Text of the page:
Here are the top 3 questions to ask remote web developers before you hire:


1. Why do you prefer to work remotely?

This question is important to ask because you want to ascertain the developers reasoning and motivation for working remotely. Are they working remotely because they enjoy the freedom of working from home?

Do they enjoy the flexibility of freelancing their web development skills? Do their answers fall in line with your company message and management style or are they fundamentally at odds?

This is important to ask early on in the interview process even though web development is a technical role because communication, collaboration, and teamwork skills are integral for completing projects. Especially in remote environments where the culture will have to be implied rather than explicitly communicated every day like in office environments.

Web development can be done completely from home. With a few cloud collaboration tools and business communication applications, a web developer can complete any and every duty. However, you need to ascertain if they have experience managing themselves as remote web developers.


2. Are you available to come to the office?

Remote web development can be a difficult task to complete and may require some additional work in addition to their independent projects. This is why it is important to fully understand whether you are going to require some in office availability.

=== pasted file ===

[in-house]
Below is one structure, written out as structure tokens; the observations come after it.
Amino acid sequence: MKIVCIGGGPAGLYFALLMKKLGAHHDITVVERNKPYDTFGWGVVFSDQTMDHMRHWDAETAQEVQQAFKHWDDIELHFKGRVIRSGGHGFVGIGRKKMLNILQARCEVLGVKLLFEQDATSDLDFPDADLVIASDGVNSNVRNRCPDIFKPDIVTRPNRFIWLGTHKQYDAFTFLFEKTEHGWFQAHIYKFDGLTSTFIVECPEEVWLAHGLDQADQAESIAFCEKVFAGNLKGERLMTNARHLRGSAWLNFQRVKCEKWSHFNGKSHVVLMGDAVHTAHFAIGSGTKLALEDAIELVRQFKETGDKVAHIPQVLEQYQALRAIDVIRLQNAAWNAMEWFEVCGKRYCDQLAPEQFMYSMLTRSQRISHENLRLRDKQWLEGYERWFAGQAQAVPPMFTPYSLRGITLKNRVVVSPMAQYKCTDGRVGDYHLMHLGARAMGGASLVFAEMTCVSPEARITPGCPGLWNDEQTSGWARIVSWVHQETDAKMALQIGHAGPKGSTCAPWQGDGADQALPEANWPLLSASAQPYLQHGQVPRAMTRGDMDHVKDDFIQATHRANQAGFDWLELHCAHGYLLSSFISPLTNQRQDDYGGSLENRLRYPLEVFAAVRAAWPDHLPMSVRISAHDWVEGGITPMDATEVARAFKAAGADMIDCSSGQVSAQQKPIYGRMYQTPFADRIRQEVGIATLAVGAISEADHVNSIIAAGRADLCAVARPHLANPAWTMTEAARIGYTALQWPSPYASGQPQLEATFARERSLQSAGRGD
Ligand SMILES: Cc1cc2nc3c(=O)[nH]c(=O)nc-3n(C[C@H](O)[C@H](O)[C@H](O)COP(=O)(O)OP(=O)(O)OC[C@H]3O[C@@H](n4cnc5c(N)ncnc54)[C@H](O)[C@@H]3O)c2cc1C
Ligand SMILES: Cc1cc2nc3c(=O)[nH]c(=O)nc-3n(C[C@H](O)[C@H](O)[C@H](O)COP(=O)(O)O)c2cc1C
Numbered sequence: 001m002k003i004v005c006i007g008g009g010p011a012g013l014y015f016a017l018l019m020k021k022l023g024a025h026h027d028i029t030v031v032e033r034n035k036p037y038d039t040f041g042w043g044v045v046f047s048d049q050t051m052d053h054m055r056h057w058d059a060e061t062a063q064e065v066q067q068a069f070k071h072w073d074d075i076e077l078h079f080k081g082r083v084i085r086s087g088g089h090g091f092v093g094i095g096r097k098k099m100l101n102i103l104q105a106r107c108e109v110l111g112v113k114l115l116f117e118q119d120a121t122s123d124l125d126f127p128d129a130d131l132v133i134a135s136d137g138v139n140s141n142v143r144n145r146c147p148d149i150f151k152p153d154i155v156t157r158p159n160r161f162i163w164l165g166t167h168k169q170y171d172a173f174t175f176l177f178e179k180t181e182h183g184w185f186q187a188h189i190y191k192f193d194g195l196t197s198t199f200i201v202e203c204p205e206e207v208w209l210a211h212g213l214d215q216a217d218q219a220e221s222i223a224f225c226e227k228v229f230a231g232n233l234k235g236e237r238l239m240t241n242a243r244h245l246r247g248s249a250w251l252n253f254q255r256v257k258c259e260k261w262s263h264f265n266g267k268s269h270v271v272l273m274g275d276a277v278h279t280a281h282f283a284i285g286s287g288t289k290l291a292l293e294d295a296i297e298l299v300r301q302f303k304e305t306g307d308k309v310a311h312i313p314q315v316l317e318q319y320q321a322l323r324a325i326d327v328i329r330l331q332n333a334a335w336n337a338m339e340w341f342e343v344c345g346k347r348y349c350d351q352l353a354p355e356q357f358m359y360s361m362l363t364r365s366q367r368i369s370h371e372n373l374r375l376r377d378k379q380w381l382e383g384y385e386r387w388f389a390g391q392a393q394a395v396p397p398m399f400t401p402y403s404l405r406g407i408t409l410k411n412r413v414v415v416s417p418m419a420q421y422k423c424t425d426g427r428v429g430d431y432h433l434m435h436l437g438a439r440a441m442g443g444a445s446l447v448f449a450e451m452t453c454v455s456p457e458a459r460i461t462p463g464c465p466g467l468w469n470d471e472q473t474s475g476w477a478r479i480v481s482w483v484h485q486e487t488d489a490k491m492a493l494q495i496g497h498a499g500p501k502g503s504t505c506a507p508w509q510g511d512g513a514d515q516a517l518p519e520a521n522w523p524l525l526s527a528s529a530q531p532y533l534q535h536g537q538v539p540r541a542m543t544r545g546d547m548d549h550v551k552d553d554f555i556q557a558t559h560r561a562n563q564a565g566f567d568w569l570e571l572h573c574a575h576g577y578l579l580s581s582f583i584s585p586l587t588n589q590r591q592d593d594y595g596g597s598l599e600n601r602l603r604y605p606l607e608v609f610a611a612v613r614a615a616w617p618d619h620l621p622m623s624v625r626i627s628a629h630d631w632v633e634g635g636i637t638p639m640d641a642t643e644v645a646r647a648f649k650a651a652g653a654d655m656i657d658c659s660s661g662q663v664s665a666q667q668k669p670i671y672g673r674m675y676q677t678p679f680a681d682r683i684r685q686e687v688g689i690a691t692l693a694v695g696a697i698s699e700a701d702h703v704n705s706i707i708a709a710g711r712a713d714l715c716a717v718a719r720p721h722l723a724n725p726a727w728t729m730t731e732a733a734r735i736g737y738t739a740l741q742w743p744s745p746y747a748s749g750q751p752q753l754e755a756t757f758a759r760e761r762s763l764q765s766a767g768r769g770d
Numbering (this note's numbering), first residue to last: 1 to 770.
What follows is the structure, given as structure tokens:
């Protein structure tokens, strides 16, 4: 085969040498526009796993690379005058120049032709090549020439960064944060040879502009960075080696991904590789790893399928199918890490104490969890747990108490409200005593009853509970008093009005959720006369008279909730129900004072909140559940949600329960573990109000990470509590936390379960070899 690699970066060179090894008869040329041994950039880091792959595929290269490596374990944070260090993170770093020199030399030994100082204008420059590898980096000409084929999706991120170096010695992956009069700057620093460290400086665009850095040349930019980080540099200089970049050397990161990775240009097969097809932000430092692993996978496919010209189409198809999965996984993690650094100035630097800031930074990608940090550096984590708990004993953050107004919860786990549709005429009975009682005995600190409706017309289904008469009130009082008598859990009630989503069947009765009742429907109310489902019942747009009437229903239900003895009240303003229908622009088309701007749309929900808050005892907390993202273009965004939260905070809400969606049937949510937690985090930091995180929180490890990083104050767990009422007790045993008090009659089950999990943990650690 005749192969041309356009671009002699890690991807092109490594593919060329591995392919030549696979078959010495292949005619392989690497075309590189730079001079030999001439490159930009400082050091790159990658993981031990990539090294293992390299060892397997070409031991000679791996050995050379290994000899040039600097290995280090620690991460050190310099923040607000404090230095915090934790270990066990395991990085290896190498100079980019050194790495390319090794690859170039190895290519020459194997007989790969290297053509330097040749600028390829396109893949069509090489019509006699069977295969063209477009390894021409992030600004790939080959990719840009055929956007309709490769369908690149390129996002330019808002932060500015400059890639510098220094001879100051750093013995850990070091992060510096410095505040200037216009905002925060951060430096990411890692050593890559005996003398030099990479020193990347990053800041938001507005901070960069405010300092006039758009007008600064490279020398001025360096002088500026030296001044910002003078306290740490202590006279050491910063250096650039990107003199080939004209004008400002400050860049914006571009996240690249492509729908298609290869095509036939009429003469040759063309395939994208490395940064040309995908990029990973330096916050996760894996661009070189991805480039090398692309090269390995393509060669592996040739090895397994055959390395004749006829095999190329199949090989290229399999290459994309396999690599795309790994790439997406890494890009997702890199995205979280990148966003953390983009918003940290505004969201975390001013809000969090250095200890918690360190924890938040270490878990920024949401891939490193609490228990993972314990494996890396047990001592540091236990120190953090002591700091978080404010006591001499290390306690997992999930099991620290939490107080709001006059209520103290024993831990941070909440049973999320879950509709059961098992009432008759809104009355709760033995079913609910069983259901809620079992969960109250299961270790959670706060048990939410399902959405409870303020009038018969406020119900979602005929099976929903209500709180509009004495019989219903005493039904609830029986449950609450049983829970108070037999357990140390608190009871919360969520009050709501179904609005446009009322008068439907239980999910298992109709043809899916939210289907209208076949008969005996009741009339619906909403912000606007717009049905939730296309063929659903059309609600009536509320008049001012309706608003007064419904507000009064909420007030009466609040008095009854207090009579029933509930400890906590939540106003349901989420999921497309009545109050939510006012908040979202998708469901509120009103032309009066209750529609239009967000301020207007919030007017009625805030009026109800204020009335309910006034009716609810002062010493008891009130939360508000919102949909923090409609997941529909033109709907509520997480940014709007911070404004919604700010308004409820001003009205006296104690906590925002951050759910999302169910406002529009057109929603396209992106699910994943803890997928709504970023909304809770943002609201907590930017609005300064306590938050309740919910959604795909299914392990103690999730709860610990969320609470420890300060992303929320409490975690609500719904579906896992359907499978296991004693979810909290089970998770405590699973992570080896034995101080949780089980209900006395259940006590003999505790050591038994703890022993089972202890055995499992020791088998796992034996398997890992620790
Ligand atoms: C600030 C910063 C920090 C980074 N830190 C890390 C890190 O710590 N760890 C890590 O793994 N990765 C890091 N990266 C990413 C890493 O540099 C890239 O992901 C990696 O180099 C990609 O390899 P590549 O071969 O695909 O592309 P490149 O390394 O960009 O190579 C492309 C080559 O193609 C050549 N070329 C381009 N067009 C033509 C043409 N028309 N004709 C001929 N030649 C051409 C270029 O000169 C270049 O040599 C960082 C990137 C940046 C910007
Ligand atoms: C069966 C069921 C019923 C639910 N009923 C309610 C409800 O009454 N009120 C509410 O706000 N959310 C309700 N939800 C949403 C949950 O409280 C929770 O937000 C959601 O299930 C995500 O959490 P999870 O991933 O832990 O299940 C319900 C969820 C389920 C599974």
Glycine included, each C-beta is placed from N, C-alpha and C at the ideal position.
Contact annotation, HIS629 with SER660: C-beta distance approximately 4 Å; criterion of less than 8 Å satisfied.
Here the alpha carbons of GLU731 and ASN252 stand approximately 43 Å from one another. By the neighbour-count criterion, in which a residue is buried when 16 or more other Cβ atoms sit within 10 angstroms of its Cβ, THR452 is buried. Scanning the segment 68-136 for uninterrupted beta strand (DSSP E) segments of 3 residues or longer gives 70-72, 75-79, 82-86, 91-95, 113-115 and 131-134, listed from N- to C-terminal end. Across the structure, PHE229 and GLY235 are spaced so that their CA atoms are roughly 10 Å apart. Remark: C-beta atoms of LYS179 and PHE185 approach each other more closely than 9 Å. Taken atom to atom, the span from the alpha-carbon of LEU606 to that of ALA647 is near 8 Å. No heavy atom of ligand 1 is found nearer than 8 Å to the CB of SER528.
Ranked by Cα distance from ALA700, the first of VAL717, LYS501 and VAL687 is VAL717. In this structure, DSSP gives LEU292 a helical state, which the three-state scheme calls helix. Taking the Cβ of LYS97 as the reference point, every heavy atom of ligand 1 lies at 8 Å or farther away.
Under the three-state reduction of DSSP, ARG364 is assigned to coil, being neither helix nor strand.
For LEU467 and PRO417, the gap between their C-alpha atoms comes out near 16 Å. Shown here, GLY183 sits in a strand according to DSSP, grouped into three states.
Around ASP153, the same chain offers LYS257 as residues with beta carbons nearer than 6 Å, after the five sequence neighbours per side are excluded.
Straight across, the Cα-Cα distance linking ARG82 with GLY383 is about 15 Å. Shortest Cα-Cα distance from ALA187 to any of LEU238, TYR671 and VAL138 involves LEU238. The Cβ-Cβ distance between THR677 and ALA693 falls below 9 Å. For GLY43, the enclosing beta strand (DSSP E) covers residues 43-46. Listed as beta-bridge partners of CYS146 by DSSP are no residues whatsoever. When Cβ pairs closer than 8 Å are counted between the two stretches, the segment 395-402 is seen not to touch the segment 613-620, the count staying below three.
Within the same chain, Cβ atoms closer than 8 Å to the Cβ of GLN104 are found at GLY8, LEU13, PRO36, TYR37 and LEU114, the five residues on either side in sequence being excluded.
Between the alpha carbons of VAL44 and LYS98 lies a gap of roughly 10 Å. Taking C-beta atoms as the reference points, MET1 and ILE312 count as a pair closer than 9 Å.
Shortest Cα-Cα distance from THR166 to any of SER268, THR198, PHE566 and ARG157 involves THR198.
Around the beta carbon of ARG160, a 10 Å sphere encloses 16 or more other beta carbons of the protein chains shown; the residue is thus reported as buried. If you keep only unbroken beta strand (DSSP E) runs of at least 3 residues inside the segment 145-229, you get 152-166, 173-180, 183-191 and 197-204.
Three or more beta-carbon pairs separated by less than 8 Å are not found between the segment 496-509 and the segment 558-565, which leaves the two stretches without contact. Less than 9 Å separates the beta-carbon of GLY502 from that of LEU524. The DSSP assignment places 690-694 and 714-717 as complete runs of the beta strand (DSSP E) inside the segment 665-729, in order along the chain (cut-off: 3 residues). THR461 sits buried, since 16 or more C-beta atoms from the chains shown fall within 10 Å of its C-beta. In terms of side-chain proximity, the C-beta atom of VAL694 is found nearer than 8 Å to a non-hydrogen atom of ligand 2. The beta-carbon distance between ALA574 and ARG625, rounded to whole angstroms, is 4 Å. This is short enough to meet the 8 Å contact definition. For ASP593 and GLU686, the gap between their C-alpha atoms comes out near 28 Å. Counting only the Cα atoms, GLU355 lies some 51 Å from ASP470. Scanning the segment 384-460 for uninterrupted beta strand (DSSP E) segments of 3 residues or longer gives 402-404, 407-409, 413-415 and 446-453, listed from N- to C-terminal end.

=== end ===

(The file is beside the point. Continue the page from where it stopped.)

Some employees flourish when working on their own. Others need to be supplemented with physical interaction. It is up to you to determine which type of employees would best fit inside of your organizational schema.

3. Do you have experience using code repositories like GitHub to collaborate remotely?

This will distinguish whether or not they have experience with combining code remotely. Structuring projects and timing them can be difficult when you cannot speak with them physically.

That is why it is crucial that the potential web developer employees have at least a moderate amount of experience with code repositories and project work. Without the skill of combining code online remote work might be incredibly challenging.



Hiring a remote web developer comes with certain considerations that must be made in order to account for the differences in working conditions that remote work provides.

Remember to ask important cultural questions in addition to technical ones. While web developers do have many technical responsibilities, they won’t be able to fill their role to the best of their ability if they don’t align with your company culture. We offer a propietary test for hiring in house coders and for 3rd party companies wanting to test potential hires.